Assessment Validation Step 1

The next step is to determine the validity of the measure, which is a bit more complicated to explain.  First, there is what’s known as the test-test validation process which correlates (see attachment for explanation of correlations) scores on our instruments with other instruments.  These test-to-test correlations are conducted with instruments that are hypothesized to have similar or related constructs and with instruments that are hypothesized to be unrelated.  For example, the process of validating the CDR Character Assessment included having subjects take the Character along with the ASVAB, PSI Basic Skills Test (both should be unrelated), Myers-Briggs, SDS, Interpersonal Adjective Scales, BigFive Factor Markers, and the MMPI-2 (all of which should have some relationship to the measures).  These analyses resulted in correlations that confirmed hypothesized relationships.

Assessment Validation Step 2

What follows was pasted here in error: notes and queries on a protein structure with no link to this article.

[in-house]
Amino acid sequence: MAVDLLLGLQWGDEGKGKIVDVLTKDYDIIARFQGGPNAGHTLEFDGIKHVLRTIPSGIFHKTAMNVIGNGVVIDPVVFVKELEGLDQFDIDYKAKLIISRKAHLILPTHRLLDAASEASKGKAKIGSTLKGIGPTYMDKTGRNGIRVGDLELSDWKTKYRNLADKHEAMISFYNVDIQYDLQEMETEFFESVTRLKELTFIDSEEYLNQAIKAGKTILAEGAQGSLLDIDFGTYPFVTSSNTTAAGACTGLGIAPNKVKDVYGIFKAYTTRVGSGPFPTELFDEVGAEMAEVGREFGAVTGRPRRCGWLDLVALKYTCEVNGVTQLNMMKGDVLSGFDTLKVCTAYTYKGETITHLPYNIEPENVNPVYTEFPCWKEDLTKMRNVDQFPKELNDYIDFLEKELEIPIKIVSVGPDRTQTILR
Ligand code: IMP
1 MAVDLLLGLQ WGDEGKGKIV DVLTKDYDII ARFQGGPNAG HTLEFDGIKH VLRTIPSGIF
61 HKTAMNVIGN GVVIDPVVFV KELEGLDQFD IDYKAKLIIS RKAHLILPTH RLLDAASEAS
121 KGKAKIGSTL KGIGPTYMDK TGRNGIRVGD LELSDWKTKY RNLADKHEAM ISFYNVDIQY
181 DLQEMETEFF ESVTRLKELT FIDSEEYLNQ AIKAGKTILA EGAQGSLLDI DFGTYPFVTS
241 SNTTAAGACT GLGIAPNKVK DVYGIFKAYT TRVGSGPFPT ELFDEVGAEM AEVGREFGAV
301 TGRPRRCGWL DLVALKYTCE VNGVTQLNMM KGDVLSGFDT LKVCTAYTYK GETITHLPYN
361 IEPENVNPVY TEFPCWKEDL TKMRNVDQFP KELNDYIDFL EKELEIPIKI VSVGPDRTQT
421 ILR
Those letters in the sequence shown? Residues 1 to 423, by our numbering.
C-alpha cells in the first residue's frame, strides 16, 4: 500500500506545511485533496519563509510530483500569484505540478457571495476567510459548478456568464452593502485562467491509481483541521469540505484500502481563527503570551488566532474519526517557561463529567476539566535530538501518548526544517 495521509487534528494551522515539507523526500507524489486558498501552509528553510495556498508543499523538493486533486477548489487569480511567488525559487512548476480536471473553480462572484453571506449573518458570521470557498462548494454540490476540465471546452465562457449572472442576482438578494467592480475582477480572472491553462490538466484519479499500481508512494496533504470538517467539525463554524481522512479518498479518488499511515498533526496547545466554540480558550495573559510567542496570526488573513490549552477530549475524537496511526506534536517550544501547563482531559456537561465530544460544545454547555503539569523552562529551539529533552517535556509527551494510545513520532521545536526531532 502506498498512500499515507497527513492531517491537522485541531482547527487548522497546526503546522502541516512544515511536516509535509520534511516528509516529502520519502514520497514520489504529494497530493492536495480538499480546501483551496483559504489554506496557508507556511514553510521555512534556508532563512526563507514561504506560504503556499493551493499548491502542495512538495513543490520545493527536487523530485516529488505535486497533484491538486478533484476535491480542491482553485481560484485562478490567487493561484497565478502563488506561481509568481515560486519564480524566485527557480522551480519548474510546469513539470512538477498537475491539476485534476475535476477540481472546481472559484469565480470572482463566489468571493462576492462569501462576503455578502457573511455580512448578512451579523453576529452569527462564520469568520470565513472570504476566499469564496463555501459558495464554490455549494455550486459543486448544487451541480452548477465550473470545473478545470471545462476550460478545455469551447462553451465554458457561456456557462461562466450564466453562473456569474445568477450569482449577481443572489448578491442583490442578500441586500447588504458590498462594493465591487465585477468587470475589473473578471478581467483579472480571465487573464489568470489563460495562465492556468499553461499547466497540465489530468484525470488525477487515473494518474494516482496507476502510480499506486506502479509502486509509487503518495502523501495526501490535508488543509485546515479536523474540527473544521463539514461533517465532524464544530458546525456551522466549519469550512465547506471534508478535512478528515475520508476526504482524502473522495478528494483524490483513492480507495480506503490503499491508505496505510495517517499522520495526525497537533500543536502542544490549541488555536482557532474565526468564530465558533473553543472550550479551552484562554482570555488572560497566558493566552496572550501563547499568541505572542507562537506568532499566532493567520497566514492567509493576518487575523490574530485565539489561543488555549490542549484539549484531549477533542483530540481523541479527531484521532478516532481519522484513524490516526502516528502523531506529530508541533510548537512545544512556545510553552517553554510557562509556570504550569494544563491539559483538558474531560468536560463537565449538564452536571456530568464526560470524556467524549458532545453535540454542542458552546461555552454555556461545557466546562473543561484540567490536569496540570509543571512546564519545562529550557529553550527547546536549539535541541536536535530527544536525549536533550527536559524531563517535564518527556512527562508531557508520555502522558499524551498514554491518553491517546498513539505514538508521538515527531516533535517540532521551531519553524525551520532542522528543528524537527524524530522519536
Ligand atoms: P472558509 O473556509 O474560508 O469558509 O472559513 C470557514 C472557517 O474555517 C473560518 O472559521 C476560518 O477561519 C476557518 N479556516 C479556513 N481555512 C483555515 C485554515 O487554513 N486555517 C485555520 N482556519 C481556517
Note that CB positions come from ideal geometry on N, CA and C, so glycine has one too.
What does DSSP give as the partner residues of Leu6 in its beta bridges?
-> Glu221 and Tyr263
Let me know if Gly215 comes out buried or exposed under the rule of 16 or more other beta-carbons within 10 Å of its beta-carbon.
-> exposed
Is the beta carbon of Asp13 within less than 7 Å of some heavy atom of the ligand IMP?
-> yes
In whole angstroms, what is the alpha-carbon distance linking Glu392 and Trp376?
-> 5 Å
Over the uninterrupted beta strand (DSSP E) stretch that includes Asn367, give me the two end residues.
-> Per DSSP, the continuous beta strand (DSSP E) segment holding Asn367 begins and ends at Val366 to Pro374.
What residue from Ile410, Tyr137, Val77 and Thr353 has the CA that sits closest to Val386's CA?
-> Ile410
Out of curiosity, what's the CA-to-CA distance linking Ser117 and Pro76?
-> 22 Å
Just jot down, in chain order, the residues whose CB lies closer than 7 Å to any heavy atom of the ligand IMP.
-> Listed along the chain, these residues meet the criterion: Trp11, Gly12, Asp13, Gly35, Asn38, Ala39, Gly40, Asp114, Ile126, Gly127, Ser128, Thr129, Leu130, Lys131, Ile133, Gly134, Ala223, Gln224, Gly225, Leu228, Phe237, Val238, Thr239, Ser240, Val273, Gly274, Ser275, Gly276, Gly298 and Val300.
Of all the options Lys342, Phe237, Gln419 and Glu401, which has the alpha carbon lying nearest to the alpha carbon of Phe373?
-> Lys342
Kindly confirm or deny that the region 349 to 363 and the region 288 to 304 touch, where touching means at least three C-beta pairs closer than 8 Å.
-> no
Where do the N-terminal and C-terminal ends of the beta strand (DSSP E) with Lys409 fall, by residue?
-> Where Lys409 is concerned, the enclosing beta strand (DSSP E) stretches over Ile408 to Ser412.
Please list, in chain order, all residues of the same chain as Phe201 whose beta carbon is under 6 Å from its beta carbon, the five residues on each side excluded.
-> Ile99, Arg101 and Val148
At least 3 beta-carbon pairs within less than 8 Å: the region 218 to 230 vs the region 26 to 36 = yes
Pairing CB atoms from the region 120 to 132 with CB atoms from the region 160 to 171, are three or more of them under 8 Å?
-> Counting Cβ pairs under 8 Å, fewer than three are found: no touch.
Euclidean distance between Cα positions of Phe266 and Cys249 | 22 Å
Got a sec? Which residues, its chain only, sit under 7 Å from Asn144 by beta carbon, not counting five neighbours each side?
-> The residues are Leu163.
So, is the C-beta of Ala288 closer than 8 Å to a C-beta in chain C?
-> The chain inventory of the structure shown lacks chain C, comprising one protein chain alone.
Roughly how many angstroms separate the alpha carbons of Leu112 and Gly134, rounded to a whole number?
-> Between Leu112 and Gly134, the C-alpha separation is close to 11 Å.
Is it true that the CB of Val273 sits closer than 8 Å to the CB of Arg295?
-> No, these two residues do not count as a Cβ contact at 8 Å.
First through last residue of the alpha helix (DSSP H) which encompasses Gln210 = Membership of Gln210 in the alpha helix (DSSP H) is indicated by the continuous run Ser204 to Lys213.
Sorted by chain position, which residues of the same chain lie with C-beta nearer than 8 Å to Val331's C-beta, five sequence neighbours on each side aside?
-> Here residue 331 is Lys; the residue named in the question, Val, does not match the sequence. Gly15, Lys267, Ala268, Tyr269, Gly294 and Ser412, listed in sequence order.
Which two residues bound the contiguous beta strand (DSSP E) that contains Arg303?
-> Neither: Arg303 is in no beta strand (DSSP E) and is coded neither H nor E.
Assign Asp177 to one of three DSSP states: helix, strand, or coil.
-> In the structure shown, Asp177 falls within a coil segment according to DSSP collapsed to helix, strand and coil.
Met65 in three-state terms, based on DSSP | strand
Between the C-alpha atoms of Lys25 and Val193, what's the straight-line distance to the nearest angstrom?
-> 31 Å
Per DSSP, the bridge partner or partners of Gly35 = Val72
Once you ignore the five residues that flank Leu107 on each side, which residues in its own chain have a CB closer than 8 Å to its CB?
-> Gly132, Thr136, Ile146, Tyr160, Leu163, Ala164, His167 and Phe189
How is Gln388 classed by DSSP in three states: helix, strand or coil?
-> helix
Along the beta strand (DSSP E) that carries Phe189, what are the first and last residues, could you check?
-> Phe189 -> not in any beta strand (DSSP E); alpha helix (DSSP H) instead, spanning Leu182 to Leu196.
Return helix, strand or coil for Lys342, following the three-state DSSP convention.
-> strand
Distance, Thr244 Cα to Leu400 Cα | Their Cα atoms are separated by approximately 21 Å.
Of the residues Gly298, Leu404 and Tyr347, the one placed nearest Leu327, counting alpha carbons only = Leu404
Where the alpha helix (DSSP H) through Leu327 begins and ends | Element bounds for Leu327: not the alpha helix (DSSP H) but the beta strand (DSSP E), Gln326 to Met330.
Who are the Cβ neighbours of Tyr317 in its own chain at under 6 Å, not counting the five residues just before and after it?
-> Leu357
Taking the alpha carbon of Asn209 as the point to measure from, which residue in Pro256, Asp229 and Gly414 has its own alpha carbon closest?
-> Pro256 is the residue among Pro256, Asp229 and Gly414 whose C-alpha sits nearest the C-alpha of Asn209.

The next level of validation should include correlations between test scores and relevant non-test indicators—such as actual performance ratings.  This step is taken to validate (confirm or not) whether the instrument accurately measures the predicted behavior and the impact on performance.  For example, those who have a high scores on the CDR Character Assessment “Adjustment” scale and a high CDR Risk Assessment “Egotist” scale will generally have higher self-ratings on 360 performance reviews.  This translates to people who have higher opinions about their own performance in comparison with the perceptions of others.  Thus, the correlations will be higher between these scale scores and the resulting behavior ratings.  The validation process is not simple and it is important to perform statistical analyses using a variety of non-test indicators and performance results.  In addition to performance reviews, other examples of non-test indicators may include:  sales results, customer retention, customer complaints, accidents, turnover, errors, etc.  We can provide summaries of this analysis or actual sample validation studies conducted for clients.